BP ends cleanup of oil spill in Gulf of Mexico
BP is wrapping up cleanup operations of the 2010 Deepwater Horizon oil spill in the Gulf of Mexico. The move comes with permission from the US Coast Guard, which says BP no longer needs to send out regular patrols to clean the tar from the coastline.
BP, and the US government, have decided that beaches in Alabama, Florida, and Mississippi are clean enough now compared to just after the Deepwater Horizon oil spill in 2010, and that BP no longer needs to send out regular patrols to clean the tar from the coastline.Skip to next paragraph
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In the three years since the spill, BP has spent $14 billion on clean-up work according to The Huffington Post, and it whilst it has stopped directly searching for oil slicks and tar balls to clean up in the three states mentioned above, it will continue to send out crews in Louisiana, who was more affected by the spill.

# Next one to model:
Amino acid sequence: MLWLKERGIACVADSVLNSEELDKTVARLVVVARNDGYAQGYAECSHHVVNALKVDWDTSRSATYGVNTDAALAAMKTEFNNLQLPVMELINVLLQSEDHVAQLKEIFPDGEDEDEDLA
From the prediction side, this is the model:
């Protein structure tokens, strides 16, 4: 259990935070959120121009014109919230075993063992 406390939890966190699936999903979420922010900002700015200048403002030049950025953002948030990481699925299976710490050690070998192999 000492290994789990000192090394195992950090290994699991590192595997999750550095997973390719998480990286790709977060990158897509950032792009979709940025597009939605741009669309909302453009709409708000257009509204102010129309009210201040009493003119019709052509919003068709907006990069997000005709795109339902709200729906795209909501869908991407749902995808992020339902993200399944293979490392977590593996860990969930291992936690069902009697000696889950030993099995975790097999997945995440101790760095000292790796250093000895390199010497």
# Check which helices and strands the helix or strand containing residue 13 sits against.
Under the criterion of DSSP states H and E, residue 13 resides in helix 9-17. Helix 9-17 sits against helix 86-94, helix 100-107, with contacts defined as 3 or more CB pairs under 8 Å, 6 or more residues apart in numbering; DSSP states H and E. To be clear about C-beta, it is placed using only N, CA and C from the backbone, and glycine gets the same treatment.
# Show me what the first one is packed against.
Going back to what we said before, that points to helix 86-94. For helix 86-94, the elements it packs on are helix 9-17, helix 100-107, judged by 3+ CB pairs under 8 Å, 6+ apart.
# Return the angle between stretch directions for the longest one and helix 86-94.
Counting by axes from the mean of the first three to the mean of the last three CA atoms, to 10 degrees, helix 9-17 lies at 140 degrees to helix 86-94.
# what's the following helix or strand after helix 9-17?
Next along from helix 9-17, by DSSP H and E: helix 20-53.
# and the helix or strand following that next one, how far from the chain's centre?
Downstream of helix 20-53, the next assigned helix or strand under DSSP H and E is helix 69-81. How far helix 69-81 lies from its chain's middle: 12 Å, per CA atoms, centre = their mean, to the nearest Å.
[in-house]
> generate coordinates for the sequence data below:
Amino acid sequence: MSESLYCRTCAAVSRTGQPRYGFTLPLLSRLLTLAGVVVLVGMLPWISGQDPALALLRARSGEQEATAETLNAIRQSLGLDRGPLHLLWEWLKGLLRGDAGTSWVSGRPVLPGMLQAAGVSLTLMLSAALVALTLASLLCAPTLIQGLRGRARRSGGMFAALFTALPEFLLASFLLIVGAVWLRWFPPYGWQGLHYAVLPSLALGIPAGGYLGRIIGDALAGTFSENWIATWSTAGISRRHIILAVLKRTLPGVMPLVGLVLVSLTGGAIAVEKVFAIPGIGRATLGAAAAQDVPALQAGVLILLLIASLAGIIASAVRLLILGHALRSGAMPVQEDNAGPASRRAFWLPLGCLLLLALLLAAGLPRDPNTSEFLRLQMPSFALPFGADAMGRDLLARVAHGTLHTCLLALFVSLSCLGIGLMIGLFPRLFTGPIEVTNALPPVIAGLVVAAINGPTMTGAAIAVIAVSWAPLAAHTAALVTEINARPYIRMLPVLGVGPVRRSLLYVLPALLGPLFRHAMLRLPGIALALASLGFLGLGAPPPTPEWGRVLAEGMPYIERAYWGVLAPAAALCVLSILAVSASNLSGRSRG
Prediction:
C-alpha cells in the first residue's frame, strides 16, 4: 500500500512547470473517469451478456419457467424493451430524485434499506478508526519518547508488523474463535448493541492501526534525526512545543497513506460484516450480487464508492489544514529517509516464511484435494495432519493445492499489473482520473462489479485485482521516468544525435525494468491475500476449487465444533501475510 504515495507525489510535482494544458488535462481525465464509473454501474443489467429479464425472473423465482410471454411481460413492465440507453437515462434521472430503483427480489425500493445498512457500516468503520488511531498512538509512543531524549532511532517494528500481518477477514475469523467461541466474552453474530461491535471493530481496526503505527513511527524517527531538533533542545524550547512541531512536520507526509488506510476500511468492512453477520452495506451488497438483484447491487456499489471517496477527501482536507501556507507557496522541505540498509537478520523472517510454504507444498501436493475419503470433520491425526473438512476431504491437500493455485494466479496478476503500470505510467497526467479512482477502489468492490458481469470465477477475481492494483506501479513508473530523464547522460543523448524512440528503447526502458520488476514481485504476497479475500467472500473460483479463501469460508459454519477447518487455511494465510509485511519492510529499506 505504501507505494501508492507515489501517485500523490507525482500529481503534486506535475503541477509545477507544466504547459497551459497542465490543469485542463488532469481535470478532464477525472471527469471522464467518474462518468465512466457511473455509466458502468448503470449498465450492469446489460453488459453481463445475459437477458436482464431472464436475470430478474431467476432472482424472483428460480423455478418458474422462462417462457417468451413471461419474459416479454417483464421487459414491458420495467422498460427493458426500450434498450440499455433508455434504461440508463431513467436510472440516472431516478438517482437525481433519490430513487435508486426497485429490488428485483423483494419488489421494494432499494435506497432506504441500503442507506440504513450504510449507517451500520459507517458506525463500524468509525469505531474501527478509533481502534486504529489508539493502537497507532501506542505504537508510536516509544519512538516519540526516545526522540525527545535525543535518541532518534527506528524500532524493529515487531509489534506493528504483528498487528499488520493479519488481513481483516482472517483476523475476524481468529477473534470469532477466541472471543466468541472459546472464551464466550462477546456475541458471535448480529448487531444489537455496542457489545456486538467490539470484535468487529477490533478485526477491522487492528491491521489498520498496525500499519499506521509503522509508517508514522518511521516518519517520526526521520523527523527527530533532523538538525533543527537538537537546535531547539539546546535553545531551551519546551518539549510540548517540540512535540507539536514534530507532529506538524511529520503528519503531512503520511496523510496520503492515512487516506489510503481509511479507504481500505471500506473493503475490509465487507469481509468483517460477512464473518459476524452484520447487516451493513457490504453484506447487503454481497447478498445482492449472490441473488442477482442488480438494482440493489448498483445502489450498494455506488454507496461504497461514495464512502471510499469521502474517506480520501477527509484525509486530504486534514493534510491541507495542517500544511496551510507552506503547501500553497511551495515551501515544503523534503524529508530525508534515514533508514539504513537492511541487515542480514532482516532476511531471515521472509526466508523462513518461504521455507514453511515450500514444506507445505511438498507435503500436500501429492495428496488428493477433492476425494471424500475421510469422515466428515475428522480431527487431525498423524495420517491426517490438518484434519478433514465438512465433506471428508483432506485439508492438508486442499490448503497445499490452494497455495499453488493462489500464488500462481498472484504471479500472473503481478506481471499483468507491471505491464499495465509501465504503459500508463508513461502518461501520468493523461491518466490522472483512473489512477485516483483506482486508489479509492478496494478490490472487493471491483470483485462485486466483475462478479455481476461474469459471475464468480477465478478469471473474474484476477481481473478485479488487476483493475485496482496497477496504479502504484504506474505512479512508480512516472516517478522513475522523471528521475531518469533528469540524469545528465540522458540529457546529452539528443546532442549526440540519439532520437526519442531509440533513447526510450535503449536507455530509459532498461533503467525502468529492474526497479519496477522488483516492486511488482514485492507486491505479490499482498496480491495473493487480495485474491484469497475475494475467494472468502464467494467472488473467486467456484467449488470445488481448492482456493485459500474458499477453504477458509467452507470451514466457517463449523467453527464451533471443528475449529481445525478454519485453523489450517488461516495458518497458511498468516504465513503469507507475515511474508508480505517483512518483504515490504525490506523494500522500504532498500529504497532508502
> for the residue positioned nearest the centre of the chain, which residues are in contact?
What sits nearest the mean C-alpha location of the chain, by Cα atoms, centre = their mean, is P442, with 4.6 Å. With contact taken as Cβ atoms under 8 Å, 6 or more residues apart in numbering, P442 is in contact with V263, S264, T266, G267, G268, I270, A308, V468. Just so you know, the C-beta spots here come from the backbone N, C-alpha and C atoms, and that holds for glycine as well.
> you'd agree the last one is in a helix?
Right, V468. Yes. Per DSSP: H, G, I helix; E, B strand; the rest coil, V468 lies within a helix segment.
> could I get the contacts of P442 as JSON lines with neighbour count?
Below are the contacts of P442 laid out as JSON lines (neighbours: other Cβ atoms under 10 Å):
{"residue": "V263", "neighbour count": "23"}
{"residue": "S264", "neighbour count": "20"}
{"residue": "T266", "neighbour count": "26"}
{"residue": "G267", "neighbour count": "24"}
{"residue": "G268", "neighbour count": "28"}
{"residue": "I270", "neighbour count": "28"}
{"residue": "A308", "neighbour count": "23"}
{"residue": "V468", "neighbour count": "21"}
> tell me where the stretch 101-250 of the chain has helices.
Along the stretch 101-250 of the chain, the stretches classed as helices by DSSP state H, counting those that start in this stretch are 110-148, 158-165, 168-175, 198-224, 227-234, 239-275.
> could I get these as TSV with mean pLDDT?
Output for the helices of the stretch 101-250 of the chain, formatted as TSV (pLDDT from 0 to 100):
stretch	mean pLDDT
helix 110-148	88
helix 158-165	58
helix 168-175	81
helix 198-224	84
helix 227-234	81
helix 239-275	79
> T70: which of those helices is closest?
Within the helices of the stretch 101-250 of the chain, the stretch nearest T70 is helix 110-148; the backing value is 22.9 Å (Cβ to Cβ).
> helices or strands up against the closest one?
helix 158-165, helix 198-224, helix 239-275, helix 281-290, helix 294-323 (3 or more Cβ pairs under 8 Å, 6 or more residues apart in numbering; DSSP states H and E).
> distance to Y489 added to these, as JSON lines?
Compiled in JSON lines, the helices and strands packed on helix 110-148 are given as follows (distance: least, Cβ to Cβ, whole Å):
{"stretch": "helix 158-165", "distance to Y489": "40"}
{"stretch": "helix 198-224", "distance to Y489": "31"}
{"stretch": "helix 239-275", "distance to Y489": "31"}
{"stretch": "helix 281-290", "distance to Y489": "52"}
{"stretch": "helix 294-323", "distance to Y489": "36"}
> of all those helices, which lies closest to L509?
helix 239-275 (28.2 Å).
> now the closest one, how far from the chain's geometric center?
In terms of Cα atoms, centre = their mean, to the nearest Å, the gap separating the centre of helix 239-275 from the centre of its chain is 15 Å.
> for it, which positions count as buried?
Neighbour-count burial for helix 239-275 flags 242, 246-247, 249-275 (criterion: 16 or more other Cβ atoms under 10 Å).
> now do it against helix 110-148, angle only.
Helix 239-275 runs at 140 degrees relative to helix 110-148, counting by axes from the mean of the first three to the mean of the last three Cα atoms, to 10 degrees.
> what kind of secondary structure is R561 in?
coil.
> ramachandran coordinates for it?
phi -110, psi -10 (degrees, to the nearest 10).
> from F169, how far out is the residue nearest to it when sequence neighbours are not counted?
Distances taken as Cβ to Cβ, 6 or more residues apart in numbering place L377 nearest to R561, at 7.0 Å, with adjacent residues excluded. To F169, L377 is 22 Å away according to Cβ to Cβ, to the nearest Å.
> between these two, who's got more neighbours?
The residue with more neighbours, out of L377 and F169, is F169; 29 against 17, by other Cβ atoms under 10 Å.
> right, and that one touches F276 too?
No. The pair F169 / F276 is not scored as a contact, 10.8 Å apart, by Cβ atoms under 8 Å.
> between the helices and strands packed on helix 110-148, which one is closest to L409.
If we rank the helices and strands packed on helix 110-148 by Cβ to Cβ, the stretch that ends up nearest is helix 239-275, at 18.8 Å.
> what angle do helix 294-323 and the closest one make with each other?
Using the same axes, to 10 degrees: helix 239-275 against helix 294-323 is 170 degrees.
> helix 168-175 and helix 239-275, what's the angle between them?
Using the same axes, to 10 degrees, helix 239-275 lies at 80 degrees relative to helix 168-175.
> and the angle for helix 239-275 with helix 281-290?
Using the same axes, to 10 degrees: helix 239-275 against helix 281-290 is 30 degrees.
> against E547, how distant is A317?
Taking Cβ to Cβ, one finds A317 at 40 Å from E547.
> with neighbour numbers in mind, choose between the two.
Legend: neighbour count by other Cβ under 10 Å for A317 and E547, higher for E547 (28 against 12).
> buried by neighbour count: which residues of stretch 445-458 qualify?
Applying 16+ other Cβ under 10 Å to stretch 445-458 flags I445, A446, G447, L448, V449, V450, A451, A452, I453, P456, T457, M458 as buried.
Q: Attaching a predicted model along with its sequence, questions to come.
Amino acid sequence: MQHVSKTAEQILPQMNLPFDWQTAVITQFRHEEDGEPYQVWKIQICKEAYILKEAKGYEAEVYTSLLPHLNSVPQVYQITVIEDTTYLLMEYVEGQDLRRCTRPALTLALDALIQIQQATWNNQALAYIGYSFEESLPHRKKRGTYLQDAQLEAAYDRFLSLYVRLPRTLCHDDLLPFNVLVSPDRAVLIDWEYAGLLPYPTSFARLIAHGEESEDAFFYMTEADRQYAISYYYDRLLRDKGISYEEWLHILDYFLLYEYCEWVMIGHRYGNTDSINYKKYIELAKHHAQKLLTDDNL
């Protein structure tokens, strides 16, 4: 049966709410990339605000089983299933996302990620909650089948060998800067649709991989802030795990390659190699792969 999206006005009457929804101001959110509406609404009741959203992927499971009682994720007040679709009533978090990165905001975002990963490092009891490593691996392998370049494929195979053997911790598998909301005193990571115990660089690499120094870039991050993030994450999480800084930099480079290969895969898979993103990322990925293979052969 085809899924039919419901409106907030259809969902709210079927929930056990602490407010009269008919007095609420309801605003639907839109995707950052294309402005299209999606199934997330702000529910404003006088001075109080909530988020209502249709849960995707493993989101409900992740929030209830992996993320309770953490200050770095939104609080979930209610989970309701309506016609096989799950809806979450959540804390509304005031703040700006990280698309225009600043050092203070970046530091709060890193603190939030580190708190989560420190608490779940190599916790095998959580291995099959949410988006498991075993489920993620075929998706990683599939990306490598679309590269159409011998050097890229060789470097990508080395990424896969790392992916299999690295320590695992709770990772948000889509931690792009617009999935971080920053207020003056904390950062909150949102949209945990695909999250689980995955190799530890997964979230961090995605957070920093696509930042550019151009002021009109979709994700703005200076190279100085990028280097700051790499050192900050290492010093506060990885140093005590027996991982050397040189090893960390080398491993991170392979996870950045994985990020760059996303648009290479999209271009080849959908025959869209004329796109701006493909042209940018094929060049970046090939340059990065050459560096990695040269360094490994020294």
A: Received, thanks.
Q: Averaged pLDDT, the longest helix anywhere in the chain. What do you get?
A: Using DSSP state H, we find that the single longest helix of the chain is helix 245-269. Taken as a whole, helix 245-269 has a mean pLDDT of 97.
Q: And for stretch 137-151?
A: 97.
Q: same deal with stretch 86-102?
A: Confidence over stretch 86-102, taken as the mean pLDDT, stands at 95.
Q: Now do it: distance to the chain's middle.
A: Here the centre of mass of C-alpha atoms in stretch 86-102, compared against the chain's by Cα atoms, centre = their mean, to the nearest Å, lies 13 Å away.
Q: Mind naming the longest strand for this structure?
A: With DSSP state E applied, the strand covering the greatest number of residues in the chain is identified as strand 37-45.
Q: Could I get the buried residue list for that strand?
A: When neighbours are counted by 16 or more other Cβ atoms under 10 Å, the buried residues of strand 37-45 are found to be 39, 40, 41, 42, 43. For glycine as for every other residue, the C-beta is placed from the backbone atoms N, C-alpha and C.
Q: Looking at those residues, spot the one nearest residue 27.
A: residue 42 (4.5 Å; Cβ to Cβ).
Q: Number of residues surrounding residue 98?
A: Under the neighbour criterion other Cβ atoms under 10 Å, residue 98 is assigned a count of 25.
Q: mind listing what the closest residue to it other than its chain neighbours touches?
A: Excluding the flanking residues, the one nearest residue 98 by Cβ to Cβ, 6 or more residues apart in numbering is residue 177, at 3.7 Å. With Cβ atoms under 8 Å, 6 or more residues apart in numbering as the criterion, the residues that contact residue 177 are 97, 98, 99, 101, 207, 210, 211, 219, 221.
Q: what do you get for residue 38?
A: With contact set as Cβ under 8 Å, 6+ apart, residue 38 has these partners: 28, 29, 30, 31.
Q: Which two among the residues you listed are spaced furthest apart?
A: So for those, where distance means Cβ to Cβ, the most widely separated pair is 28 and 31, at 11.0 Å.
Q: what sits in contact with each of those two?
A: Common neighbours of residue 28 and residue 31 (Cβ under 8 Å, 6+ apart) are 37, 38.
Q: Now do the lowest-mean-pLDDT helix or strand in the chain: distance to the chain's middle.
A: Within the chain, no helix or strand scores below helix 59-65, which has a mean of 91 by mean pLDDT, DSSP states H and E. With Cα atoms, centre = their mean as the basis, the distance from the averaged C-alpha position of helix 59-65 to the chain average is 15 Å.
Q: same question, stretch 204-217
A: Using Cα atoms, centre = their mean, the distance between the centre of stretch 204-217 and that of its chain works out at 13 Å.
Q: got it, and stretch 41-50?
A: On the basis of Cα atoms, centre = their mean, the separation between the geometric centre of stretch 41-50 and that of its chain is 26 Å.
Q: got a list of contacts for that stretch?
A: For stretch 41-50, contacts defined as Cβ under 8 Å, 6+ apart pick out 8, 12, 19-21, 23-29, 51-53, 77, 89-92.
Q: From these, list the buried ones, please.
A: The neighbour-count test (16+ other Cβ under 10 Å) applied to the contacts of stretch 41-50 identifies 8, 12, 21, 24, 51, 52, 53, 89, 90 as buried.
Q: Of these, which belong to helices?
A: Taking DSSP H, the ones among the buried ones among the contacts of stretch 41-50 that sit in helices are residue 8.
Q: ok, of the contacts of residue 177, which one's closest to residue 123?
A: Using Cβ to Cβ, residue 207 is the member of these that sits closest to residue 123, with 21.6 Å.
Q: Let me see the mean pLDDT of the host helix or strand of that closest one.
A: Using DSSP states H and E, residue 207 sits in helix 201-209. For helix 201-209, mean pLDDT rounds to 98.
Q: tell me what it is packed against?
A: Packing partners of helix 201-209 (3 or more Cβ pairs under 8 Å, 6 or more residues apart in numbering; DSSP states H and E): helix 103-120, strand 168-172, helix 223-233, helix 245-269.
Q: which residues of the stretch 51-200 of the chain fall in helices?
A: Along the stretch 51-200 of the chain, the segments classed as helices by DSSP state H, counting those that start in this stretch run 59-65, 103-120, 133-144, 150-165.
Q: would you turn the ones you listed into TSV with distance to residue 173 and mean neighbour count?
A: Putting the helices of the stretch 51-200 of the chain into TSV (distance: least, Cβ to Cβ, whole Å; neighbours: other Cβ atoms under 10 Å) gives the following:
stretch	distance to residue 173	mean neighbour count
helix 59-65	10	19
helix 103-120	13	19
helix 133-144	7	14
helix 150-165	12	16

Some locals and environmentalists wonder at the decision to stop patrolling the coast, believing that the effects of the spill are still very noticeable in some areas, but Coast Guard Lt. Cmdr. Natalie Murphy explained that the amounts of oil are minute compared to before, and it has gotten to the stage that the clean-up work itself could actually cause more damage to the environment as it damages habitats and nests for birds and sea turtles. (Related article: No End to BP Settlement Deal)
Compared to 2010, the chemicals smells and thick oil slicks across the sand have gone. On most beaches the white sand no stretches unmarred, for miles along Florida, Alabama, and Mississippi.
Now that BP has stopped sending out is own patrols the job of clearing up has fallen back on the old system that is used elsewhere around the country, whereby The Coast Guard investigates pollution on public beaches that has been reported by the public.
Environmentalists criticize this approach, stating that most people wouldn’t know what a tar ball looks like unless they actually come into contact with it and note the stain.
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